Configuring AnchoreCTL

The anchorectl command can be configured with command-line arguments, environment variables, and/or a configuration file. Typically, a configuration file should be created to set any static configuration parameters (your Anchore Enterprise’s URL, logging behavior, cataloger configurations, etc), so that invocations of the tool only require you to provide command-specific parameters as environment/cli options. However, to fully support stateless scripting, a configuration file is not strictly required (settings can be put in environment/cli options).

In this document, we focus on the anchorectl configuration file setup and options.

API Version Compatibility

It is highly recommended that the version of AnchoreCTL you are using is supported by the deployed version of Enterprise. Please refer to the Enterprise Release Notes for the supported version of AnchoreCTL.

The release of Anchore Enterprise v4.9.x, contains both the deprecated V1 API and the new V2 API.

  • AnchoreCTL v1.8.0 is compatible with the Anchore Enterprise v4.9.x V1 API.
  • AnchoreCTL v4.9.0 is compatible with the Anchore Enterprise v4.9.x V2 API.

Anchore Enterprise v5.x Releases, contain only the new V2 API.

  • AnchoreCTL v5.5.0 is compatible with the Anchore Enterprise v5.5.1 V2 API.

In AnchoreCTL v1.8.0, a version check was introduced to prevent accidental use of AnchoreCTL v1.8.x with an incompatible API endpoint. If the check fails but you are sure that the configured URL you have set is a V1 API endpoint, you can bypass the check by setting the skip-api-version-check field in the configuration to boolean true as in th example below.

url: "http://localhost:8228"
username: "admin"
password: "foobar"
skip-api-version-check: true
...

This can also be done with the environment variable: ANCHORECTL_SKIP_API_VERSION_CHECK=true

Config File Search Locations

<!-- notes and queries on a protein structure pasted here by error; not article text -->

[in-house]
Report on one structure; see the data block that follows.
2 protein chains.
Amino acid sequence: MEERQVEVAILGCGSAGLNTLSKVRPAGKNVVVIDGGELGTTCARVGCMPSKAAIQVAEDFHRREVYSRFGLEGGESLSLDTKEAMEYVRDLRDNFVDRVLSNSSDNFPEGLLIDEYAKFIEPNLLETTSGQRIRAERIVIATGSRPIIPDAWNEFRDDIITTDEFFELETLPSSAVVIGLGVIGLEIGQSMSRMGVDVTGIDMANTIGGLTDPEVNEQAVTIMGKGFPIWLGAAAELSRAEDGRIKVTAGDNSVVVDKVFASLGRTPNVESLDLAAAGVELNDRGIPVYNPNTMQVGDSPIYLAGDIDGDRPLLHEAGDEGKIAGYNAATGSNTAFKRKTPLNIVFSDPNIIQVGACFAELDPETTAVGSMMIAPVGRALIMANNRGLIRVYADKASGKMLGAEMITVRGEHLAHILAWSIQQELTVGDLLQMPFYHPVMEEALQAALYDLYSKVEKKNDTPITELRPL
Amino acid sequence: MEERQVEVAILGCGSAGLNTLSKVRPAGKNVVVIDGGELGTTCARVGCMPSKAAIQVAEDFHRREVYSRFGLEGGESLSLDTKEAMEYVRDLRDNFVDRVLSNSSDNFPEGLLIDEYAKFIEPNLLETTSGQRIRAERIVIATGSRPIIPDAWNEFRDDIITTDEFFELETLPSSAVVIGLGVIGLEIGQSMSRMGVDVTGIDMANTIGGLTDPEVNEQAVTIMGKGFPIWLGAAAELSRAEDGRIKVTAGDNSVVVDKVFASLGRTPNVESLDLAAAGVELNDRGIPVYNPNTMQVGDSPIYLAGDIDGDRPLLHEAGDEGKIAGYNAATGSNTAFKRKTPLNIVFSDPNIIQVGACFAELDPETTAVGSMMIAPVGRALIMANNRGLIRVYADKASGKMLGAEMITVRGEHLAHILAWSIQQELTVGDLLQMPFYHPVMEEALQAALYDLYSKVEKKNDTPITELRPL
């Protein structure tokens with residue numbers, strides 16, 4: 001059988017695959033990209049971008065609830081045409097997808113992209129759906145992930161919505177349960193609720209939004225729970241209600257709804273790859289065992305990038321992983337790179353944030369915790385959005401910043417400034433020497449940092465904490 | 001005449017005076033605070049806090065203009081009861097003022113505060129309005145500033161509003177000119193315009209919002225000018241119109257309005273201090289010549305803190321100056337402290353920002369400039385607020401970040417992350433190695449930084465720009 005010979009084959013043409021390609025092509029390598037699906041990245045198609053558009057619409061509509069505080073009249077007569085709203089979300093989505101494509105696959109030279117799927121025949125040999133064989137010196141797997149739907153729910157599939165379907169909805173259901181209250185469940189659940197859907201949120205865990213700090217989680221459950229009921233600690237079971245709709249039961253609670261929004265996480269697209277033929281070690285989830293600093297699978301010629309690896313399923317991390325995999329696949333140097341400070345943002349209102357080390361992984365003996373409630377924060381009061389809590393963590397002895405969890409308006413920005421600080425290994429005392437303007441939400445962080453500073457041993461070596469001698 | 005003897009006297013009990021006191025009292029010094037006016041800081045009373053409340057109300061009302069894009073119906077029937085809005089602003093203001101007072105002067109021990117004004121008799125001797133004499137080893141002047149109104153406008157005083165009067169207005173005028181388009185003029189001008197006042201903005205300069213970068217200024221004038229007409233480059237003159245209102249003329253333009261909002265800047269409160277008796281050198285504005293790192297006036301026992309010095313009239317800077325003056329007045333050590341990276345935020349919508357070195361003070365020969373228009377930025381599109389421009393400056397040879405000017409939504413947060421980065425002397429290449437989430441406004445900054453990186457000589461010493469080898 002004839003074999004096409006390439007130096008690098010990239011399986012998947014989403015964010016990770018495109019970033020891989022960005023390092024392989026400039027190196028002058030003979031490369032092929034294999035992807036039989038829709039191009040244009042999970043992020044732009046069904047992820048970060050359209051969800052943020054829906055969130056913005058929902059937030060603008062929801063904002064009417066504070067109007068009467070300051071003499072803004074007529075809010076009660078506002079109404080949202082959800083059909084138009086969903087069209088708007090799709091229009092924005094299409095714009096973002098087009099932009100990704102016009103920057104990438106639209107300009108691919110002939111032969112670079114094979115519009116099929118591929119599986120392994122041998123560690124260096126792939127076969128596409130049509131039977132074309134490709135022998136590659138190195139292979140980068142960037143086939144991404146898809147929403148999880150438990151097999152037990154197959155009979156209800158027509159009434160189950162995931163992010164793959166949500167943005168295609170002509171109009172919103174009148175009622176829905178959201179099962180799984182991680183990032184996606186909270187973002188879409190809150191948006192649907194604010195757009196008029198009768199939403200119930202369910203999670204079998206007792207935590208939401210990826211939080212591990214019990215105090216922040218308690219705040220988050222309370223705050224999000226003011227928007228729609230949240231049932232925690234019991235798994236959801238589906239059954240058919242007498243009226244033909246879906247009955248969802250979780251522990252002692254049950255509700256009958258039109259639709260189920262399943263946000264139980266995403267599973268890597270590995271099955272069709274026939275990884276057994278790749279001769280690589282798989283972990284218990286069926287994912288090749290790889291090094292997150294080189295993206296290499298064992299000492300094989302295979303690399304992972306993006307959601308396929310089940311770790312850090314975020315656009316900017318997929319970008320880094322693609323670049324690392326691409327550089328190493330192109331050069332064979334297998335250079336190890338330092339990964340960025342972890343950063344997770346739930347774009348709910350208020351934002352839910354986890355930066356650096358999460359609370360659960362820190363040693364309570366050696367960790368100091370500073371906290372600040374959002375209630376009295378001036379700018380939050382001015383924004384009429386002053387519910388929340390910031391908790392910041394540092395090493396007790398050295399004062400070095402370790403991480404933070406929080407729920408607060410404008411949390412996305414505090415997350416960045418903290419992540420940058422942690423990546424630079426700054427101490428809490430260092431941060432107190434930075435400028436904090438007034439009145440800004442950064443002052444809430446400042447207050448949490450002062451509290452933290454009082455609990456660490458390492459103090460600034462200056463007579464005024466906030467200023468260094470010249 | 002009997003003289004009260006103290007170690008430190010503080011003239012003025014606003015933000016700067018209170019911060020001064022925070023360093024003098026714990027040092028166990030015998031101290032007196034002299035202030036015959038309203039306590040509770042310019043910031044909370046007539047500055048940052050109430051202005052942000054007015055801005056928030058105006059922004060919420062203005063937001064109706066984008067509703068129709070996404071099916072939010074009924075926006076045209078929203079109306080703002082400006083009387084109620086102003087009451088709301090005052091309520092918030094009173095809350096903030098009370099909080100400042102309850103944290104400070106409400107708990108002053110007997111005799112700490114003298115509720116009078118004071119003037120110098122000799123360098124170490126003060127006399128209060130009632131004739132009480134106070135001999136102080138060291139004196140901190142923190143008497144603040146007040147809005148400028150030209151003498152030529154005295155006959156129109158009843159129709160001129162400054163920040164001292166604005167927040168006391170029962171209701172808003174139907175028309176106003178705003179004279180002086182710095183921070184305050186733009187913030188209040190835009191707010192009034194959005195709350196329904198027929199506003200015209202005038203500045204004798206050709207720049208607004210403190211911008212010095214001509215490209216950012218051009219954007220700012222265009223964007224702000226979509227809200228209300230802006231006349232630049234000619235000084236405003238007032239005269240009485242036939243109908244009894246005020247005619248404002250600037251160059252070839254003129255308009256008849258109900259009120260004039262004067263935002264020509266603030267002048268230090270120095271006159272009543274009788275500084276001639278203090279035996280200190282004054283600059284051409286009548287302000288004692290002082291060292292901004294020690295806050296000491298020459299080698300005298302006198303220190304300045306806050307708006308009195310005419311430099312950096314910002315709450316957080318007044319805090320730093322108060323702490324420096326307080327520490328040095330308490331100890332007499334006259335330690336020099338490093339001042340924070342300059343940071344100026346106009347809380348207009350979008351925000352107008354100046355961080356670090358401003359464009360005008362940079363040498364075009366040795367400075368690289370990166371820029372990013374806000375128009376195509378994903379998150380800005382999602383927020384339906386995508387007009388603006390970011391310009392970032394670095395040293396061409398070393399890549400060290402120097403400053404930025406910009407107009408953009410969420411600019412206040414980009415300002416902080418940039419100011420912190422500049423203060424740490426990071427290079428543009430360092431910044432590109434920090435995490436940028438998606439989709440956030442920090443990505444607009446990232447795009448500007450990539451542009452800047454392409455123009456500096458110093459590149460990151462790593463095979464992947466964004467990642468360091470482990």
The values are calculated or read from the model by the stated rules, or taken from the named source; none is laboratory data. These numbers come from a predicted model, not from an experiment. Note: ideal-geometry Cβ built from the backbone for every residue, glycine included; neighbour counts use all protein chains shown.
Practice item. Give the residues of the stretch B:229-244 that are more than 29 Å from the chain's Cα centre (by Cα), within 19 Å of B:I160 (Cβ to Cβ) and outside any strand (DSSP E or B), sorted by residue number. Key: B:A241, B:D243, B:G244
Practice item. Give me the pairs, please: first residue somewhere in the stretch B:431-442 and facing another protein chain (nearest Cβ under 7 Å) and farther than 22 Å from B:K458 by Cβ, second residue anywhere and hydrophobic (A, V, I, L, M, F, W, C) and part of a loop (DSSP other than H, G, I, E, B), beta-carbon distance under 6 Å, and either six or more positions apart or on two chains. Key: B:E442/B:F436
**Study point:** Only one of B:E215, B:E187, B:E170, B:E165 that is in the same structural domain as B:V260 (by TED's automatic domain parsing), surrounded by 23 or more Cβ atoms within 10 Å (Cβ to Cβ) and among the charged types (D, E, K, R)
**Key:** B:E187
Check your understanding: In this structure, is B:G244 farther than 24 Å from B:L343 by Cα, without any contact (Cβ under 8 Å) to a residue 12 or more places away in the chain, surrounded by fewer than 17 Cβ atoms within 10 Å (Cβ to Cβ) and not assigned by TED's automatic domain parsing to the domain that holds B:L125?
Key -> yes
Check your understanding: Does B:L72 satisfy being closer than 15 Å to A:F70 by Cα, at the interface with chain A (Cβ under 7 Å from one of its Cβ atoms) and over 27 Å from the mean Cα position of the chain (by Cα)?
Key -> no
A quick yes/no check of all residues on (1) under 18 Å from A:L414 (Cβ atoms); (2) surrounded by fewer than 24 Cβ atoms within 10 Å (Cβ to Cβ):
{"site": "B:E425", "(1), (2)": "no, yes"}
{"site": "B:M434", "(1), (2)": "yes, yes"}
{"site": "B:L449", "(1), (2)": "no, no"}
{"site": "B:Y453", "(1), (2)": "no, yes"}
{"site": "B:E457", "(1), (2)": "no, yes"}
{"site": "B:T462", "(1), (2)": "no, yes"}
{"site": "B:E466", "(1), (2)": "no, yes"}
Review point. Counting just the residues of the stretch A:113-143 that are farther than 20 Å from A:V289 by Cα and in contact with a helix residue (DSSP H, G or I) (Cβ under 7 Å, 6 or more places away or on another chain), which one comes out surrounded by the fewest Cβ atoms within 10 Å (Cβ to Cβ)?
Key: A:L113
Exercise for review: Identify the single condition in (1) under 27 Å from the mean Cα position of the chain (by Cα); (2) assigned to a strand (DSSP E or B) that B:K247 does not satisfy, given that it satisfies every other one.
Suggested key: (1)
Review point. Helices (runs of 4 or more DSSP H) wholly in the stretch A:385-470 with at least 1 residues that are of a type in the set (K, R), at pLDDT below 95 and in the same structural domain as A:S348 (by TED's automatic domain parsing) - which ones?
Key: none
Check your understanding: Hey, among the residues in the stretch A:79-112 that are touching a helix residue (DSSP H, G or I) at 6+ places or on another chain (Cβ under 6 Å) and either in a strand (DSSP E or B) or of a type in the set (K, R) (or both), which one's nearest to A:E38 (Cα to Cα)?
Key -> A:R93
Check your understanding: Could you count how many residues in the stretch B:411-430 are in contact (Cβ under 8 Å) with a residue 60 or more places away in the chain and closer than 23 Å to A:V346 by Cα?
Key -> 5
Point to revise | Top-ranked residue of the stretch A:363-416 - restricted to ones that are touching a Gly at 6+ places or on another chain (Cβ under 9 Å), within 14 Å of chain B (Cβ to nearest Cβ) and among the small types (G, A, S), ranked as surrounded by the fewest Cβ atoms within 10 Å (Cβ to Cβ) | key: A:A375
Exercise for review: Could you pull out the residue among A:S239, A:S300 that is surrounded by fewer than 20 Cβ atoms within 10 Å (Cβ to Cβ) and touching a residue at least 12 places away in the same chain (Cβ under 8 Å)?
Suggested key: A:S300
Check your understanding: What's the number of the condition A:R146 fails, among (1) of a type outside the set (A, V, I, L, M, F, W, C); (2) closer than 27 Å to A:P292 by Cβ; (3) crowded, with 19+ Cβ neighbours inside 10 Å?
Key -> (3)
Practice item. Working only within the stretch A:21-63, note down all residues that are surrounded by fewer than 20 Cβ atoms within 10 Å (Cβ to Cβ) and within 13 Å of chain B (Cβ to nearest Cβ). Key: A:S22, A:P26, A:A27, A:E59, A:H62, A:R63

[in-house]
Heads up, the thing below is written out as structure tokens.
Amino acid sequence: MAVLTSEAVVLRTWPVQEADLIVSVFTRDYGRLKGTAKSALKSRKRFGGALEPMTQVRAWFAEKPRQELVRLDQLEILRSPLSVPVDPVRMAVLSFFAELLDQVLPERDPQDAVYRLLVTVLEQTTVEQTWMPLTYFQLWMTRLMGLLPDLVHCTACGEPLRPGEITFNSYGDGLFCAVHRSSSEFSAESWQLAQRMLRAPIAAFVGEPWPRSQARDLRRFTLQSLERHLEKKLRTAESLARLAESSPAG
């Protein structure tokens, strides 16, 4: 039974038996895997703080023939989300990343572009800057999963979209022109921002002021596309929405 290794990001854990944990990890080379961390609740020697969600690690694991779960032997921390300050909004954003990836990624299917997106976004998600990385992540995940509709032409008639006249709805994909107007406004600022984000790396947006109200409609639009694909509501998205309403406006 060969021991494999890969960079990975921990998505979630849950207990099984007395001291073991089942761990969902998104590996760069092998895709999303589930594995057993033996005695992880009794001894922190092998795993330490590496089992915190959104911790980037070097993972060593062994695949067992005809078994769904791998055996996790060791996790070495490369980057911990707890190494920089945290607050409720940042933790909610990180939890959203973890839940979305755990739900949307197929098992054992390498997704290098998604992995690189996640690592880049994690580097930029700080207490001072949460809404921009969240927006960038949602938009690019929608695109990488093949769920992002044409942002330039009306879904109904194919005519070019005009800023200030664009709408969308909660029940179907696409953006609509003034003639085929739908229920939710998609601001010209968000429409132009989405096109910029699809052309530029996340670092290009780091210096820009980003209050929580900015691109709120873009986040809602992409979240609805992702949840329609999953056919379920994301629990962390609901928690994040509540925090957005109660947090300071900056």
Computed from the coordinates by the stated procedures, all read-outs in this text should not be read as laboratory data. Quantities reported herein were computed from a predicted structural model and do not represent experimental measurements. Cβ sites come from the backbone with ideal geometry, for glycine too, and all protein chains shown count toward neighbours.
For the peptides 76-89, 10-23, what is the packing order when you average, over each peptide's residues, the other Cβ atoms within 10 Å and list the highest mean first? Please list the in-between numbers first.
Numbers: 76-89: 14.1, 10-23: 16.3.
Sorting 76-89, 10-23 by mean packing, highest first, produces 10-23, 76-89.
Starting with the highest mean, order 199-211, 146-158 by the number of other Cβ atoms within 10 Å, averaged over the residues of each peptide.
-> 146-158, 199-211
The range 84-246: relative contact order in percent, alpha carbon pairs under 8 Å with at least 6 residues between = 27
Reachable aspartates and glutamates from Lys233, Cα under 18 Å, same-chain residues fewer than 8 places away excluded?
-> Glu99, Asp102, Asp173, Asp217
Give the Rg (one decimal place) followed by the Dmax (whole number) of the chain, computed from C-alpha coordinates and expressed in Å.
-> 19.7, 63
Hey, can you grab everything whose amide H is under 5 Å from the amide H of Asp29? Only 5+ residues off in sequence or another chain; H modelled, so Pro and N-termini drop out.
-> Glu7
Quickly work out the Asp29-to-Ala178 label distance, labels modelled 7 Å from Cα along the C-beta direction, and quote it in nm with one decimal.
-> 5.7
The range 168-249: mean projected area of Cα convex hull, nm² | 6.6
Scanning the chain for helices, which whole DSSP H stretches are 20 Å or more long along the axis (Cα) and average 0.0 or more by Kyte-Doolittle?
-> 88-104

The anchorectl tool will search for an available configuration file using the following search order, until it finds a match:

.anchorectl.yaml, anchorectl.yaml, .anchorectl/config.yaml, ~/.anchorectl.yaml, ~/anchorectl.yaml, $XDG_CONFIG_HOME/anchorectl/config.yaml

Generating Your First .anchorectl.yaml

For the most basic functional invocation of anchorectl, the only parameters that should be set are listed here:

  # the URL to the Anchore Enterprise API (env var: "ANCHORECTL_URL")
  url: ""

  # the Anchore Enterprise username (env var: "ANCHORECTL_USERNAME")
  username: ""

  # the Anchore Enterprise user's login password (env var: "ANCHORECTL_PASSWORD")
  password: ""

For example, with a quickstart deployment of Anchore Enterprise running on your local system:

  url: "http://localhost:8228"
  username: "admin"
  password: "foobar"

Using API Keys

If you do not want to expose your private credentials in the configuration file, you can generate an API Key that allows most of the functionality of anchorectl. Please see Generating API Keys

Once you generate the API Key, the UI will give you a key value. You can use this key with the anchorectl configuration:

  url: "http://localhost:8228"
  username: "_api_key"
  password: <API Key Value>

NOTE: API Keys authenticate using HTTP basic auth. The username for API keys has to be _api_key.

AnchoreCTL Debug

A convenient way to see your changes taking effect is to instruct anchorectl to output DEBUG level logs to the screen using the -vv flag, which will display the full configuration that the tool is using (including the options you set, plus all the defaults and additional configuration file options available).

# anchorectl -vv
[0000]  INFO anchorectl version: 1.6.0
[0000] DEBUG application config:
  url: http://localhost:8228
  username: admin
  password: '******'
  account: ""
  skip-api-version-check: false
  config: /your/homedir/.anchorectl.yaml
  update:
    check: true
    url: https://anchorectl-releases.anchore.io/anchorectl/releases/latest/metadata.json
  quiet: false
  log:
    level: debug